Friday, May 04, 2007

The Local Bar


I love bars and bar culture. I have been going to bars since I was old enough to sit on a bar stool—at least that is what my uncle Tony tells me. My dad was a bar patron extraordinaire, and he acculturated me when I was barely out or diapers. I guess that is why I have a strange attraction for bars and why I am always drawn to explore them. My father died when I had but 14 years. Perhaps I go to bars to understand him.

There is a bar, the “Pool Bar” on Calle Ayacucho not but two blocks from my departemento. I have passed it over 200 times in the over 120 days I have been here—vowing each time to enter. And each time passing by—except for tonight. Tonight, I went in.

Unlike most Buenos Aired drinking establishments, this bar has an actual bar with bar stools. Most bars are cafes that serve alcohol at tables—but this was a bar. I went in, sat on a stool, and order a “Botella de cerveza.” No chopp (draft) here—only bottles. The bartender, who could only be described as “disinterested” opened the half liter in front of me, as they always do, gave me a glass, and sat back down to resume futbol match that was demanding the balance of his attention.

I settled in and watched the futbol game—Gimnacia y Chicago—while young people came in and ordered drinks and bought tokens for the pool tables. After a while, I started taking pictures of the place—with the flash off to avoid being too obvious. Apparently, my clandestine picture taking attempts were all-too-obvious because the man in the stool near me tapped me on the shoulder and mugged for the camera. This was followed by other poses.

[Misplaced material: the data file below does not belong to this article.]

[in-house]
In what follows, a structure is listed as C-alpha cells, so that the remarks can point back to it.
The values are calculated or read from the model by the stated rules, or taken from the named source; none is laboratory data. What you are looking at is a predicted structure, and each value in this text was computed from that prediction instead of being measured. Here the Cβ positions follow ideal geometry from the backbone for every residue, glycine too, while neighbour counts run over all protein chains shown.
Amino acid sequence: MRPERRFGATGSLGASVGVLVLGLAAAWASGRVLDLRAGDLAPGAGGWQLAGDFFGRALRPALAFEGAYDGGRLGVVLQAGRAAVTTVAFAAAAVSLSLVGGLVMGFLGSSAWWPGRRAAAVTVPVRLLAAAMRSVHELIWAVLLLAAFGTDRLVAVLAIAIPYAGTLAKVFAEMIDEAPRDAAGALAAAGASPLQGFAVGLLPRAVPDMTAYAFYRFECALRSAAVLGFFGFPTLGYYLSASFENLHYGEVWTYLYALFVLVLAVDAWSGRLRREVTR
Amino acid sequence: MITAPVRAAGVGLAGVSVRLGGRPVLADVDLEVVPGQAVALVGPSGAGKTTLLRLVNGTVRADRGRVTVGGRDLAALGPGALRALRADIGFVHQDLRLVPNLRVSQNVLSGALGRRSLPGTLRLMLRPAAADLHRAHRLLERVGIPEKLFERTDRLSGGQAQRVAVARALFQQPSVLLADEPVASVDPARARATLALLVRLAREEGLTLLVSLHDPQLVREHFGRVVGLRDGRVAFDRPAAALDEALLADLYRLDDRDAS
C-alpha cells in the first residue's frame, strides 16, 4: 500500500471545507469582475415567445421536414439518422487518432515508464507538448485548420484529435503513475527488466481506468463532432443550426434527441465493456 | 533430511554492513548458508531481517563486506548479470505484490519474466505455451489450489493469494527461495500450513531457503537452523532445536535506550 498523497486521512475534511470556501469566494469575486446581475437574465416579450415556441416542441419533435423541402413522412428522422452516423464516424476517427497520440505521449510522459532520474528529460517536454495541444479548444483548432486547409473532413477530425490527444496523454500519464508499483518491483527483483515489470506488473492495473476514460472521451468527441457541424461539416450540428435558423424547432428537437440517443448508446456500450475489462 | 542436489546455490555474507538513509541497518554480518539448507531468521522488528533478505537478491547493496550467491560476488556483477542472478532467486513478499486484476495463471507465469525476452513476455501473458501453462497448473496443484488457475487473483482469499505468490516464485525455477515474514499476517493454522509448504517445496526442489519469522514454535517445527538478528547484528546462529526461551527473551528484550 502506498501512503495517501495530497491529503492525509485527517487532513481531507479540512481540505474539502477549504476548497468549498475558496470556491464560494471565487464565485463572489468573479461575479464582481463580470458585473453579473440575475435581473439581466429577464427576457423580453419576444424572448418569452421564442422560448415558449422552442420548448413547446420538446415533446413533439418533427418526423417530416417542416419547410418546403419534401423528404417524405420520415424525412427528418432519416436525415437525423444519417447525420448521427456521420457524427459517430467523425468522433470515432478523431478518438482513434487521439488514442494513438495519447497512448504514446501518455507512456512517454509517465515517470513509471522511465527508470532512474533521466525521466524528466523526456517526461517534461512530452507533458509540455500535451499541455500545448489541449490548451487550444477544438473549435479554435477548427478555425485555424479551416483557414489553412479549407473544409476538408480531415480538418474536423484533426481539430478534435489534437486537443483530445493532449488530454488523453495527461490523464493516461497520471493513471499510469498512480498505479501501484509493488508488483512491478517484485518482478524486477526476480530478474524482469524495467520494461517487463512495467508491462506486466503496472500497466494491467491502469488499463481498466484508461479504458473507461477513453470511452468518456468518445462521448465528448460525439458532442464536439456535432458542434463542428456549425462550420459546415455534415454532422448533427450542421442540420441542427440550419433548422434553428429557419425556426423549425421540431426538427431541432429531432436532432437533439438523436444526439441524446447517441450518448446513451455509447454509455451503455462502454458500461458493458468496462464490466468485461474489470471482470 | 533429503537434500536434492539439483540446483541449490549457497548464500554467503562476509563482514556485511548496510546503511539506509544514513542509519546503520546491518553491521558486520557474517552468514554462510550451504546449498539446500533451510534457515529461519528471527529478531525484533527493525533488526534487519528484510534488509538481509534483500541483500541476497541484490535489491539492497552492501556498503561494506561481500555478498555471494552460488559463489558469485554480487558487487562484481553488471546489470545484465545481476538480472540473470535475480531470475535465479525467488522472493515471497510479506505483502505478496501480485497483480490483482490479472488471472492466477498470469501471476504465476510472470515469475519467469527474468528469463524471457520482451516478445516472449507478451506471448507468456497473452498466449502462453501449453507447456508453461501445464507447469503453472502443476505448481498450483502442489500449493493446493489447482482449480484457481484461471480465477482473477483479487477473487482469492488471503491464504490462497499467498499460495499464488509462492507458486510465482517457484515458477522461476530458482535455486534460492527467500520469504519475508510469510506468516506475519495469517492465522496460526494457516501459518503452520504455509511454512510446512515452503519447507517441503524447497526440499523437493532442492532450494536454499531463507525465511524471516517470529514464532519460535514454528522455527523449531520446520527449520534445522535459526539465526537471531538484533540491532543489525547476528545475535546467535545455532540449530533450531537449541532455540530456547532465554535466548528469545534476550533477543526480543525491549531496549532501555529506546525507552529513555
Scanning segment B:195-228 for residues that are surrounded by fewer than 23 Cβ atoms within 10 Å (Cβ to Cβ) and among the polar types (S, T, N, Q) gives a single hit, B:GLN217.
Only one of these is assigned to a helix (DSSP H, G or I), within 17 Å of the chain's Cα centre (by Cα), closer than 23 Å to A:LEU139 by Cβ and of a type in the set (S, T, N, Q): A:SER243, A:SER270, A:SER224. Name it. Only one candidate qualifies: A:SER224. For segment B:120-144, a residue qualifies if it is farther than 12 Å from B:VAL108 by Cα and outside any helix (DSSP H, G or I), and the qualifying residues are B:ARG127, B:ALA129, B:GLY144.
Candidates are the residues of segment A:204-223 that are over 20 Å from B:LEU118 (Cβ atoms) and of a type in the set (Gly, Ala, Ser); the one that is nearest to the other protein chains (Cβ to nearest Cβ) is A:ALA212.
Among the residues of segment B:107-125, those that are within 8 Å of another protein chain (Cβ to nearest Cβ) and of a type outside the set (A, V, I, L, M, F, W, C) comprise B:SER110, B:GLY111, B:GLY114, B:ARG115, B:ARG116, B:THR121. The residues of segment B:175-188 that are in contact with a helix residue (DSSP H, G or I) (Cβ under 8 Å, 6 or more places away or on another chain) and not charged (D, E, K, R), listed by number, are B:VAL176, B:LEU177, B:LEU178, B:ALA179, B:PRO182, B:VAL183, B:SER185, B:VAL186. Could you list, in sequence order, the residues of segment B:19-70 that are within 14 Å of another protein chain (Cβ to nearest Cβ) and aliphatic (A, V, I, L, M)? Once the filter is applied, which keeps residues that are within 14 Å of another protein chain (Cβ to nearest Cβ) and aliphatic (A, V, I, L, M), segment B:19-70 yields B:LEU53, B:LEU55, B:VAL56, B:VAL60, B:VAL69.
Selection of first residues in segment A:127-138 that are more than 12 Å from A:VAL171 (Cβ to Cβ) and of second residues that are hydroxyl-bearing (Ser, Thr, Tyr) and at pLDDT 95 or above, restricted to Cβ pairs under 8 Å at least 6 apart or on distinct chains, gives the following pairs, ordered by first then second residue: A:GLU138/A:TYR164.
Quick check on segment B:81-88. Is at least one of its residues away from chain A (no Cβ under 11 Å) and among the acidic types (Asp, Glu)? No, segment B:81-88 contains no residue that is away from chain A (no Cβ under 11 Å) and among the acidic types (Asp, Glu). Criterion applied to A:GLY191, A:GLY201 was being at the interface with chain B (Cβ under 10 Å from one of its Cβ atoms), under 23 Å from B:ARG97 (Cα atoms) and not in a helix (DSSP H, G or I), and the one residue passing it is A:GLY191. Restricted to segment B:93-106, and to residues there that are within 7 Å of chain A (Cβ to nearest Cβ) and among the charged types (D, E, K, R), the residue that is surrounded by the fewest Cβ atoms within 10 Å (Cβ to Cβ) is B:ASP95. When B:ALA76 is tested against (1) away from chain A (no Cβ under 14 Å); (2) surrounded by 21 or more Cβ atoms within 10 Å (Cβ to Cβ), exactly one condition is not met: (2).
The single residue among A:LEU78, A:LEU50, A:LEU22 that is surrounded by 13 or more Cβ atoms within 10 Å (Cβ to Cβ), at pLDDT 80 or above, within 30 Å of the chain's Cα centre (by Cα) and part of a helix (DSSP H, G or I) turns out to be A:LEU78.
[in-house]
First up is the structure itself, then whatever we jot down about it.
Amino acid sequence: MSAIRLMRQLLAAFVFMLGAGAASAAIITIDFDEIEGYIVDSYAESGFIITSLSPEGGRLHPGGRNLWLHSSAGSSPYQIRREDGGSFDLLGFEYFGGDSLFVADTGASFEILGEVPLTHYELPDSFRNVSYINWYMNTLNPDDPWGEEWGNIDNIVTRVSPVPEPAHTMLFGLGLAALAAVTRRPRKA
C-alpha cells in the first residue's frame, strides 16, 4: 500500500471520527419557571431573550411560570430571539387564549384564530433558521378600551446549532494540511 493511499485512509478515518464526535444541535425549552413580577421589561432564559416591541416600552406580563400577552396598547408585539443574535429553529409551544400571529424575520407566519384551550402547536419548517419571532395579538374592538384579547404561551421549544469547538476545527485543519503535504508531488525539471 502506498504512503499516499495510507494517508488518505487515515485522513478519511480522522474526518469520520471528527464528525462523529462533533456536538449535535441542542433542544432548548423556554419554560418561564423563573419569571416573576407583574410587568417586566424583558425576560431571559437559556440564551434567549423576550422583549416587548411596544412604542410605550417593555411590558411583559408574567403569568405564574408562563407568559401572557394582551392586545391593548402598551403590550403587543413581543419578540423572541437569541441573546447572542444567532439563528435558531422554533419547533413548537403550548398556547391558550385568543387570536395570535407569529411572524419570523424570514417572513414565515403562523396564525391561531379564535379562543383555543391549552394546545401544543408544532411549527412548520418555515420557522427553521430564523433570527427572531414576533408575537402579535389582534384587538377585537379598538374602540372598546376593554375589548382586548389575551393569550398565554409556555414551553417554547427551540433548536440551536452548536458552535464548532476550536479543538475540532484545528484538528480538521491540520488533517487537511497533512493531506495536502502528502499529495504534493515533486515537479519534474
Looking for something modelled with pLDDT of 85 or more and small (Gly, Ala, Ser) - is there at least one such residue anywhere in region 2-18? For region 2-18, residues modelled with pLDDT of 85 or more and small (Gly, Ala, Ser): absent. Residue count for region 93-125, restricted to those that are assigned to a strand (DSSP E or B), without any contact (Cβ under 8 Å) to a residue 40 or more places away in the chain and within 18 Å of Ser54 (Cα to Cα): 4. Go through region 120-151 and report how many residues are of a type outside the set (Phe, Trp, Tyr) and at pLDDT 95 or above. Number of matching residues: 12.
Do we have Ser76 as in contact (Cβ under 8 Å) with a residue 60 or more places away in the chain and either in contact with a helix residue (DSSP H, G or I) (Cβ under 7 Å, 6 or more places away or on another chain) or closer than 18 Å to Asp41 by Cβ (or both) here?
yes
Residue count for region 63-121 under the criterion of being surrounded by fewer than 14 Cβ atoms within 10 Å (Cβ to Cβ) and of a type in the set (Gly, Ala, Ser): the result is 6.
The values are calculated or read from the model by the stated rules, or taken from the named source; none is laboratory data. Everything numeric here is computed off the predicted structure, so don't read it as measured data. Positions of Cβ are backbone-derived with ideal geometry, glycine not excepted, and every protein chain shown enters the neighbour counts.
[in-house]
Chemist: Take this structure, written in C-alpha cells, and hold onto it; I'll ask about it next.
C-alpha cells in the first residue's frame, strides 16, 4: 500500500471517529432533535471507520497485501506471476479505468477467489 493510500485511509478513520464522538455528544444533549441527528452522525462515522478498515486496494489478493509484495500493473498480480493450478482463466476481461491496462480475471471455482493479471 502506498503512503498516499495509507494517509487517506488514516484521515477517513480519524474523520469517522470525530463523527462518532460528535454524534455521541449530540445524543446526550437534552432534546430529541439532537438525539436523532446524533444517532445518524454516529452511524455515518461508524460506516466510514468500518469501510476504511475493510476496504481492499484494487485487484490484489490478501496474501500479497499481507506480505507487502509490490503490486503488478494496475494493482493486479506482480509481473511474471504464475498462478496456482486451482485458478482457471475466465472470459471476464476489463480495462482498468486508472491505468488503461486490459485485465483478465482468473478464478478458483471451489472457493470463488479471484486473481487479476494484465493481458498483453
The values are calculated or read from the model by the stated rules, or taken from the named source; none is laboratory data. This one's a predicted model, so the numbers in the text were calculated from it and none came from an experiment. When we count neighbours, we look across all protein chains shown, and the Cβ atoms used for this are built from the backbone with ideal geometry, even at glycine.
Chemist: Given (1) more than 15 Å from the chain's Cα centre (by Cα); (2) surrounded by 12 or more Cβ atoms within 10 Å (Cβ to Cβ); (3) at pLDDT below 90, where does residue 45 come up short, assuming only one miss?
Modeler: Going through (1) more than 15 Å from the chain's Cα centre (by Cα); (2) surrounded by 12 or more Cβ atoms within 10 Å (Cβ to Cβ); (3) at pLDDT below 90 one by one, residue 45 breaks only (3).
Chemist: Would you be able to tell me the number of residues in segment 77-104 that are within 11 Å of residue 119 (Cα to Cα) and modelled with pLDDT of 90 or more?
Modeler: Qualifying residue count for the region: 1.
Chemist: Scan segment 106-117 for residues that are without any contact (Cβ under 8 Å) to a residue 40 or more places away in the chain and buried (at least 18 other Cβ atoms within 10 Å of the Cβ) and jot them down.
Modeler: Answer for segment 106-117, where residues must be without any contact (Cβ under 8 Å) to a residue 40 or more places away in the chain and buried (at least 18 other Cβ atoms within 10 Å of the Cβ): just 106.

He introduced himself as Miguel and told me he is an artist. An Argentine, but not a Porteno, he came to Buenos Aires at age 32 because he, as he said, “Buenos Aires IS Argentina.” I am not sure I agree—but I know what he means. He said he has lived all over. He went to Catholic University, he has lived in Peru, Uruguay, Brazil, Mexico . . .but he now chooses to live and paint in Capital Federal.

We had a long, and—at times complicated—conversation. He asked me what I like most about Argentina. I told him, as best I could in my limited language ability.

In the United States, there is always someone, something, some group, some law who will tell you want is best for you. In Argentina, the people take responsibility for their own lives. In the USA, people give away their responsibility in the name of safety and security. Here, in Argentina, they fight to keep it and are willing to take the consequences.

In the USA of my childhood, we had that. We lost it. Or we gave it away. We got lazy and complacent. We are no longer responsible for anything. We are a culture of victims. Things happen TO us. We are passive and reactive.

Argentinos live on the edge. They pay their money and they take their chances. In the USA, we take our chances only if it’s someone else’s money.

I am glad I had a beer in that bar. And Miguel helped me find the reason.

2 comments:

Alan Patrick said...

i have some fond memories of that bar - used to play pool there through the nights with a friend who has since left argentina.

it's one of those classic 'all night' type bars. which inevitably lead to 'classic' all day hangovers :-/

i guess i really should get going on looking into that soccer match for us to go to :-)

Kat Acosta said...

Uh oh, Ken, you are sounding pretty Libertarian there. I do agree with your analysis though. I guess I am borderline Libertarian too. :)

I enjoy your posts.